Will love or loyalty conquer?
Lady-in-waiting Lucy Morgan is once again torn between her dangerous attraction to William Shakespeare and her loyalty to Queen Elizabeth I.
England is facing its gravest threat yet. The Spanish have declared war, and Elizabeth finds herself attacked by sea – and by Catholic conspiracy from within her own court. Master Goodluck goes undercover, tasked with discovering the identity of this secret assassin, leaving his ward Lucy not knowing if the spy is alive or dead.
Meanwhile Queen Elizabeth is growing old in a court of troublesome young noblemen, while Lucy is struggling to love a man whose duties lie elsewhere.
When the final challenge comes, these two women must be ready to face it. But there is one last surprise in store for both of them.
Publisher and Release Date: Random House, 27 February 2014
Time and Setting: Late 1500s, England and the Low Countries
Genre: Historical Fiction/Mystery
Heat Level: 1.5
Reviewer Rating: 3.5 stars
Review by Sebina
This book is the last of a trilogy, continuing the story from the previous two books. I haven’t read either of those, so please note that my views on this book will be colored by that fact.
The story starts with one of the premier spies for the British throne, Master Goodluck, being undercover in Nieuwport in July 1588. He is one of the lead characters in this book, and he’s the one who uncovers the main plots against the British Throne. What is happening between the Spanish and the British is what sets this book in motion, dealing with espionage, power and lies which abounded at that time. Queen Elizabeth I is struggling to keep her seat of power at a time when she is aging, and young noblemen continue to want a piece of her power. It is a time of war and unrest, and the Queen is fighting a battle of safety for herself and the country she rules.
Master Goodluck has a ward, Lucy Morgan, an African born Lady-in-waiting for Queen Elizabeth I. Lucy Morgan has an affair with playwright William Shakespeare, and we follow their affair throughout the story. In this book, it is a time when Mr. Shakespeare is gaining recognition and popularity. We also meet Henry Wriothesley, 2nd Earl of Southampton, who became Shakespeare’s patron. The latter’s relation to Henry Wriothesley will cause a rift between himself and his Dark Lady, Lucy Morgan.
I had a number of issues with this book.
You’re meant to care for the characters – Master Goodluck and Lucy Morgan – while William Shakespeare is portrayed as a very flawed character, hurting other people without maybe meaning to, and thinking more of himself. I considered him as a bit of a villain as I read the book, though he wasn’t really. But this was partly the problem for me. William Shakespeare is one of my favorite writers, and while we know so little about him as a person, I didn’t like the way he was portrayed. There’s something that happens between himself and Henry Wriothesley that I felt portrayed homosexuals and bisexuals in a not so positive light. Having not read the previous two books I can’t say if the author portrayed a different, maybe more positive side of homosexuality in those. I hope she did.
Now, I loved that she made William Shakespeare’s Dark Lady an African woman. It was something I thought was different from what I’ve seen of other portrayals of that character. There were Africans in Britain at this time, so it’s not as unrealistic as one might think, but I did struggle with it and, maybe, didn’t completely buy the idea of the Dark Lady as an African woman. But that’s my reaction and it might be different for other readers.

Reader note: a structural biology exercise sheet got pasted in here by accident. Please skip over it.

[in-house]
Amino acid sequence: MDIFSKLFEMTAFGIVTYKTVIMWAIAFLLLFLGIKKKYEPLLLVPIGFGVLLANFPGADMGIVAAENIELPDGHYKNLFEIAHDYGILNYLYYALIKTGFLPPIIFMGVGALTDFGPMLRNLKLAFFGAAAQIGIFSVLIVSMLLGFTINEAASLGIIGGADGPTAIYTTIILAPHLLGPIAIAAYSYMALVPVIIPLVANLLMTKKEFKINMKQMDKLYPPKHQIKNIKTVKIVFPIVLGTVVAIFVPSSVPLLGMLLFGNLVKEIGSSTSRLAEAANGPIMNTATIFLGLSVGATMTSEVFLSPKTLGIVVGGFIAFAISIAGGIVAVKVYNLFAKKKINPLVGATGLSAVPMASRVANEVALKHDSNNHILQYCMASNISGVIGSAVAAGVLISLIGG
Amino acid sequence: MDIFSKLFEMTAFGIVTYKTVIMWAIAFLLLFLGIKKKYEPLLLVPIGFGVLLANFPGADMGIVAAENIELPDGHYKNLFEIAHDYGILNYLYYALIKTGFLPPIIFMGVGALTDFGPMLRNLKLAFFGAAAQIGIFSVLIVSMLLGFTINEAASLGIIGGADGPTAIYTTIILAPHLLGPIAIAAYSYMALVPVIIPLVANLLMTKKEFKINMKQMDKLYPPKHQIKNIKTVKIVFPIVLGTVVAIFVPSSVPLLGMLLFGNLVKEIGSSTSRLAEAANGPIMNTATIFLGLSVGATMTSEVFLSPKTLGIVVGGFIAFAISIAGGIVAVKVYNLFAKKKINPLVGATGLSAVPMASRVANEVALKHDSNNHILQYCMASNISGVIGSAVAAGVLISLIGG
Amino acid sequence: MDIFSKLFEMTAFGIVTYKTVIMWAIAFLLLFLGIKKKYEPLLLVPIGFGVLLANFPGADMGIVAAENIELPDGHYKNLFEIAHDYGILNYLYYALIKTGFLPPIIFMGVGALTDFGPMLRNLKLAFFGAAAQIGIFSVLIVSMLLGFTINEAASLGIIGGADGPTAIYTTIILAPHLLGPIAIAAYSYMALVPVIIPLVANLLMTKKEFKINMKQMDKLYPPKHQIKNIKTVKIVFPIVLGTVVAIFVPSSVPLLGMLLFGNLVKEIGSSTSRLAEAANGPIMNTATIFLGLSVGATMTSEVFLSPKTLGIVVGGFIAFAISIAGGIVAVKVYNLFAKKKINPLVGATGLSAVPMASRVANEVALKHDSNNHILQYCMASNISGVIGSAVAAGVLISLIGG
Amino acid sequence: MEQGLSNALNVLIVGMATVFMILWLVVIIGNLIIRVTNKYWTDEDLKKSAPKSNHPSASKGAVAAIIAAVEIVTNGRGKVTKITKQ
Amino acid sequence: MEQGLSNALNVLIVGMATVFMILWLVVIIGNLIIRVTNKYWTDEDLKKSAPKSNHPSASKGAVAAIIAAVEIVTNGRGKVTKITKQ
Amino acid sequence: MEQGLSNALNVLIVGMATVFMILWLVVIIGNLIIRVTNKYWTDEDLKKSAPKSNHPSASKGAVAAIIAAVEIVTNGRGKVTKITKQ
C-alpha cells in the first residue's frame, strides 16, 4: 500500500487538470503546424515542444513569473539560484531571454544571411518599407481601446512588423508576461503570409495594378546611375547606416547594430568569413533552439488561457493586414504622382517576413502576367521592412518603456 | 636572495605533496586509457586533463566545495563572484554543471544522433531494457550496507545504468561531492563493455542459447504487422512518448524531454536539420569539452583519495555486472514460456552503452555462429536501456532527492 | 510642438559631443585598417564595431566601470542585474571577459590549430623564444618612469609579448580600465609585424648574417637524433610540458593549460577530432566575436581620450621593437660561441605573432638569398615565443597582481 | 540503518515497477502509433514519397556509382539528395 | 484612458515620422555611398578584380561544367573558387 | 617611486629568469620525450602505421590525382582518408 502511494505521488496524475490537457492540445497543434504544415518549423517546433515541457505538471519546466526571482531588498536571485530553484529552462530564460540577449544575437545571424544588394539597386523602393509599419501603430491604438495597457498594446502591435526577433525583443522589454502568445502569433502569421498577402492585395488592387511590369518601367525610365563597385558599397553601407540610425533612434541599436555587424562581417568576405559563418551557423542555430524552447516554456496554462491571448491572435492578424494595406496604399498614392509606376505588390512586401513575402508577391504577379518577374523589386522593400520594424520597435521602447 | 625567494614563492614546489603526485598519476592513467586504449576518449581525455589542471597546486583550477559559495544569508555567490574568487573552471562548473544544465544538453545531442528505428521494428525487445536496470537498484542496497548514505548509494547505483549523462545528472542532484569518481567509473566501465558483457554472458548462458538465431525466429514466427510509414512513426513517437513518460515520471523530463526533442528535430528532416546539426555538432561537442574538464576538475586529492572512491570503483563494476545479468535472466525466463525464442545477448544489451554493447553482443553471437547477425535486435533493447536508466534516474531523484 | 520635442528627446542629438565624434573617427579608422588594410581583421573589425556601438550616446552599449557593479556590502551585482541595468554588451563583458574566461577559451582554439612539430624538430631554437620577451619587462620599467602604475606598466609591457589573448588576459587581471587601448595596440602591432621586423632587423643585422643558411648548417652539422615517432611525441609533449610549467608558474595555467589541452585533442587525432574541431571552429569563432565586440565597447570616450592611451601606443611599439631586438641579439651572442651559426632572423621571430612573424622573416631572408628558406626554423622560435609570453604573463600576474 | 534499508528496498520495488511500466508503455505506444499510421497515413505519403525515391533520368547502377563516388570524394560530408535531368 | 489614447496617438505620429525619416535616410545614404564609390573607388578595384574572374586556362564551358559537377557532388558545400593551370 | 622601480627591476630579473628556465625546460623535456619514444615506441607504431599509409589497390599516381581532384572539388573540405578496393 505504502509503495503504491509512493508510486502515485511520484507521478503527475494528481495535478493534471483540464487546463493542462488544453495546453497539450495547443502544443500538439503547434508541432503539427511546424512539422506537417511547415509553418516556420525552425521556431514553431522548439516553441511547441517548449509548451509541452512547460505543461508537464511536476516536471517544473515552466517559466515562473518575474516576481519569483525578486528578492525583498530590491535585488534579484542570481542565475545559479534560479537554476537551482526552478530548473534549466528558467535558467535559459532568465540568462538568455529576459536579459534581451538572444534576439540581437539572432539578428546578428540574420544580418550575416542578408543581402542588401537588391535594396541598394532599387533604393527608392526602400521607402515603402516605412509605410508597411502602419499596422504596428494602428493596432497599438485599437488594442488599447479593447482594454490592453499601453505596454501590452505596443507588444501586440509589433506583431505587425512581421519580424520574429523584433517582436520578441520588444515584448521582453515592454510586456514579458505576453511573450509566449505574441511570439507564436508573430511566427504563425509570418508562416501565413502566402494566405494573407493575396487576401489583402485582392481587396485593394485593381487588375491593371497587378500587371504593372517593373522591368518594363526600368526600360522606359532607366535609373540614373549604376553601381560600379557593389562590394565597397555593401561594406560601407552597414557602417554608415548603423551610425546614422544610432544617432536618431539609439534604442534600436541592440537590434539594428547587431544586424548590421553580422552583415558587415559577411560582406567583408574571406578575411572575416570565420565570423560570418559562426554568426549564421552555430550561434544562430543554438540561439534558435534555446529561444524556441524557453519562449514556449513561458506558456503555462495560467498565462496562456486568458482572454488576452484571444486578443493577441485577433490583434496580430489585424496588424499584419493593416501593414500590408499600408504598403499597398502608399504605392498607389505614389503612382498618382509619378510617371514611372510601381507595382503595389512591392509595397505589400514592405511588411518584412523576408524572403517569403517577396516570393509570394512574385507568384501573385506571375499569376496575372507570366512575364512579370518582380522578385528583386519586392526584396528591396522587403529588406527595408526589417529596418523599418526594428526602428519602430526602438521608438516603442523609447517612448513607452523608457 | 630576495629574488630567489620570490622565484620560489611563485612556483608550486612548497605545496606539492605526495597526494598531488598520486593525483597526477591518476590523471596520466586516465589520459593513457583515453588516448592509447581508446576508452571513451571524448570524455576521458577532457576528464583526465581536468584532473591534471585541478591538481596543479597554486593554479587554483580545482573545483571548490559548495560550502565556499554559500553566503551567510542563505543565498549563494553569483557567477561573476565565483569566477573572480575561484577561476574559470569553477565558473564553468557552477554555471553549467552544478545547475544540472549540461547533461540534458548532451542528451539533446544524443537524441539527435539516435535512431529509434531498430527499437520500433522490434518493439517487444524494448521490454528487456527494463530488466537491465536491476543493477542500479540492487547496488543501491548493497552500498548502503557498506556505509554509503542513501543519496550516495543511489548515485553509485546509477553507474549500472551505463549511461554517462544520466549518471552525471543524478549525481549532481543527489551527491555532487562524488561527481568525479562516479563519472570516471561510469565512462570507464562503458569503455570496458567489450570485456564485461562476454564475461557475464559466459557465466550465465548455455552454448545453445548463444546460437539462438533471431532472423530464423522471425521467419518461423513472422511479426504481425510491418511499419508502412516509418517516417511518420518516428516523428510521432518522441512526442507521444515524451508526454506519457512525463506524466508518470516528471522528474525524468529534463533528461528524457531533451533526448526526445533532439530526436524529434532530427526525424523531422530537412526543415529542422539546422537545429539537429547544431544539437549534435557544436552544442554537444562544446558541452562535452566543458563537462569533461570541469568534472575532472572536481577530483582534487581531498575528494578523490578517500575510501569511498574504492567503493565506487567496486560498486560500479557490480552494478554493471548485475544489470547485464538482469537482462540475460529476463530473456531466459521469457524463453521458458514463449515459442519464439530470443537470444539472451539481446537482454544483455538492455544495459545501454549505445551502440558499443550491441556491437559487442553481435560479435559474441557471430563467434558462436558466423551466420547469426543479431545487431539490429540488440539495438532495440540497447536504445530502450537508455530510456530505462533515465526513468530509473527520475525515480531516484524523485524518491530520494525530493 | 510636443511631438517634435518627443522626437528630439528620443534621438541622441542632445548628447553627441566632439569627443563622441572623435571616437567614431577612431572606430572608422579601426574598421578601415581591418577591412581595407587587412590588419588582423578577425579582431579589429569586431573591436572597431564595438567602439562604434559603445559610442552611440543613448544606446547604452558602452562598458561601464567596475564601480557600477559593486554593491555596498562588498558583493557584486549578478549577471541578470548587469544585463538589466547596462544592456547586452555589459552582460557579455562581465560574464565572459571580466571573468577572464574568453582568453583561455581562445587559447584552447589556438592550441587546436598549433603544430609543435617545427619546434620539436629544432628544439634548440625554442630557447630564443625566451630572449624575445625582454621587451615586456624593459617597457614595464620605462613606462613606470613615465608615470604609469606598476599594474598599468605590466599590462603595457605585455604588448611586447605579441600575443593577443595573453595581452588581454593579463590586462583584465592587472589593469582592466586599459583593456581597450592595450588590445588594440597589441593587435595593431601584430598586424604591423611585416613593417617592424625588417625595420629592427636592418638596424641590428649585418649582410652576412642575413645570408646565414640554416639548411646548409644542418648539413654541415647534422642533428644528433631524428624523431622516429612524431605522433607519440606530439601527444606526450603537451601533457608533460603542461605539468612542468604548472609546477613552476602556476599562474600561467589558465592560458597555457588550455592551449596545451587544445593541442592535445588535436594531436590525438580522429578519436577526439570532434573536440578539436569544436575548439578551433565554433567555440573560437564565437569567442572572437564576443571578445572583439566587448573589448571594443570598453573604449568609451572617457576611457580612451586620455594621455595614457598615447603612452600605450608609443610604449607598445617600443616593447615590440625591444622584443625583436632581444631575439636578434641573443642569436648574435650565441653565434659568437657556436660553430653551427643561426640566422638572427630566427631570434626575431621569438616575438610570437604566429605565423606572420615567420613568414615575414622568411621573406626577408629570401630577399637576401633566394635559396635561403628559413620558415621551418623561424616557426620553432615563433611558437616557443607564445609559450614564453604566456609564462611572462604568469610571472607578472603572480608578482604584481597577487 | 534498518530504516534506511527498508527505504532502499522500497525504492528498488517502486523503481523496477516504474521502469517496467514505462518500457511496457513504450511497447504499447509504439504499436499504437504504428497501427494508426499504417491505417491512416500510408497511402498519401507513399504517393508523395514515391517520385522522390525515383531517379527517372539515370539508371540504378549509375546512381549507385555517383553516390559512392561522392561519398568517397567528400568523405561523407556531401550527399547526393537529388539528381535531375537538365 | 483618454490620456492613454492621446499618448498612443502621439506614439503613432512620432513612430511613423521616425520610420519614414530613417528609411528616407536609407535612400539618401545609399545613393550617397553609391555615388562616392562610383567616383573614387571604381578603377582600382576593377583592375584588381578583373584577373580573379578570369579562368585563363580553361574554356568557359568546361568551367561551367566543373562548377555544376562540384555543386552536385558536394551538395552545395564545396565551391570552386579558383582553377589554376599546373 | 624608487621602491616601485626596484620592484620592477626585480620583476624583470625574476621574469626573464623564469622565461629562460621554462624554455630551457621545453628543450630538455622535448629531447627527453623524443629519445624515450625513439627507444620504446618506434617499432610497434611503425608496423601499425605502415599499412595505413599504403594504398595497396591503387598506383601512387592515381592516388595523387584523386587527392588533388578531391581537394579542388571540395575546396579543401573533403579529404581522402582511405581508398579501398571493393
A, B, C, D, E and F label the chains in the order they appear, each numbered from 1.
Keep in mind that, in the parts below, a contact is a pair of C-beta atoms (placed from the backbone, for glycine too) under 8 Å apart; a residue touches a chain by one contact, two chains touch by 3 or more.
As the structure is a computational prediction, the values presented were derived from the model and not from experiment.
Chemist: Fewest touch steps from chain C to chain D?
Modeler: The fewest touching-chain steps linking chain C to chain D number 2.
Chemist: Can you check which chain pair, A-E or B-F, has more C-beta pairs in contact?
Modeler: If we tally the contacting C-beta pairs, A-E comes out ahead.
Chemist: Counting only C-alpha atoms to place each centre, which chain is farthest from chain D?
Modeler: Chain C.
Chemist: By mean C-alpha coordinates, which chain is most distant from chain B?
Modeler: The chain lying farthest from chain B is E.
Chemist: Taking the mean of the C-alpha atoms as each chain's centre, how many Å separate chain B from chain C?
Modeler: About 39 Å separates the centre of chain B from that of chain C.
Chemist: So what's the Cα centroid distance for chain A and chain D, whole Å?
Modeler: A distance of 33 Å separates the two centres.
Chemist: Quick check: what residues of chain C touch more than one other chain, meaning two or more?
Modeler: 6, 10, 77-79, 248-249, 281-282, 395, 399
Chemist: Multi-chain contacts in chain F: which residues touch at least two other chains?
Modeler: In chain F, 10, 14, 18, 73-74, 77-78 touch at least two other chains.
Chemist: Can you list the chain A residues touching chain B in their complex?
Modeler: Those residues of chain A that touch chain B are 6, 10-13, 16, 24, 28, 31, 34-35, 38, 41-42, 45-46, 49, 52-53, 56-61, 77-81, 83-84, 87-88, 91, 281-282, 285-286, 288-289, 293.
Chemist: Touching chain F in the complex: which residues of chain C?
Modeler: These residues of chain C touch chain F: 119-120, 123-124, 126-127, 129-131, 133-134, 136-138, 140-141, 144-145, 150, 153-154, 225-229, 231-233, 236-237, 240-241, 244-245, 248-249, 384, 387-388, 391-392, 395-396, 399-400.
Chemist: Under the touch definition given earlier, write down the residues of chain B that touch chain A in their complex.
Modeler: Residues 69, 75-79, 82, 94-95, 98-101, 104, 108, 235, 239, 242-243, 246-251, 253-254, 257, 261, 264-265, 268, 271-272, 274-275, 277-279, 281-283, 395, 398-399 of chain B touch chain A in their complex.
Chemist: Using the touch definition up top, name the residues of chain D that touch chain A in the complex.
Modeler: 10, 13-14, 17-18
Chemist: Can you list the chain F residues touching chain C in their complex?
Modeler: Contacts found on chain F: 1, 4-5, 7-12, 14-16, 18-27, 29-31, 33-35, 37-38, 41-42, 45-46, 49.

Let’s talk about the portrayal of Queen Elizabeth, because here is a historical figure I thought was portrayed quite well in the book. I imagine she was not an easy character to write as she was a complicated and many-sided personality in British History. The author’s portrayal of the Queen’s aging was one of my favorite parts of this book. As a reader, you understand the Queen’s struggles as a British Monarch and her struggles to be the perfect leader in strength, intelligence and physical beauty. I felt for her as she struggled to hide her age through the use of creams and the use of jewelry, for example.
Lucy Morgan is a fictional character, so her story is more successful and freely told here. I liked her. She is a loving, caring and intelligent heroine. I preferred the scenes with her and Master Goodluck, and that was probably a very good thing, considering where the story goes… With Master Goodluck, it took me some time to get an understanding of his character. He’s elusive and a master spy, so no wonder! But I liked him from the beginning. He’s a caring person, and with those he cares about he’s honest and faithful. He’s a hero, essentially.
The romantic part of this story is a bit disappointing frankly. I struggled with the book until around half-way into it, because of the lack of a compelling love story. You feel throughout the story the problem between Shakespeare and Lucy Morgan, as Shakespeare is already married and cannot marry her. Without spoiling too much of the plot, I will say that, for those readers who love a Happy-Ever-After, they will get it, just not from where they might expect it. At least I didn’t, having not read the previous books.
All in all, I really liked the book. It had a successfully told espionage plot, and was full of adventure and intrigue. For Historical Romance readers, please note that the romance is not the main part of the story (though the love story, by the end, is really lovely). I would recommend this book more to Historical Fiction readers, looking for a story about court intrigue, espionage and adventure, with many characters and a realistic historical setting.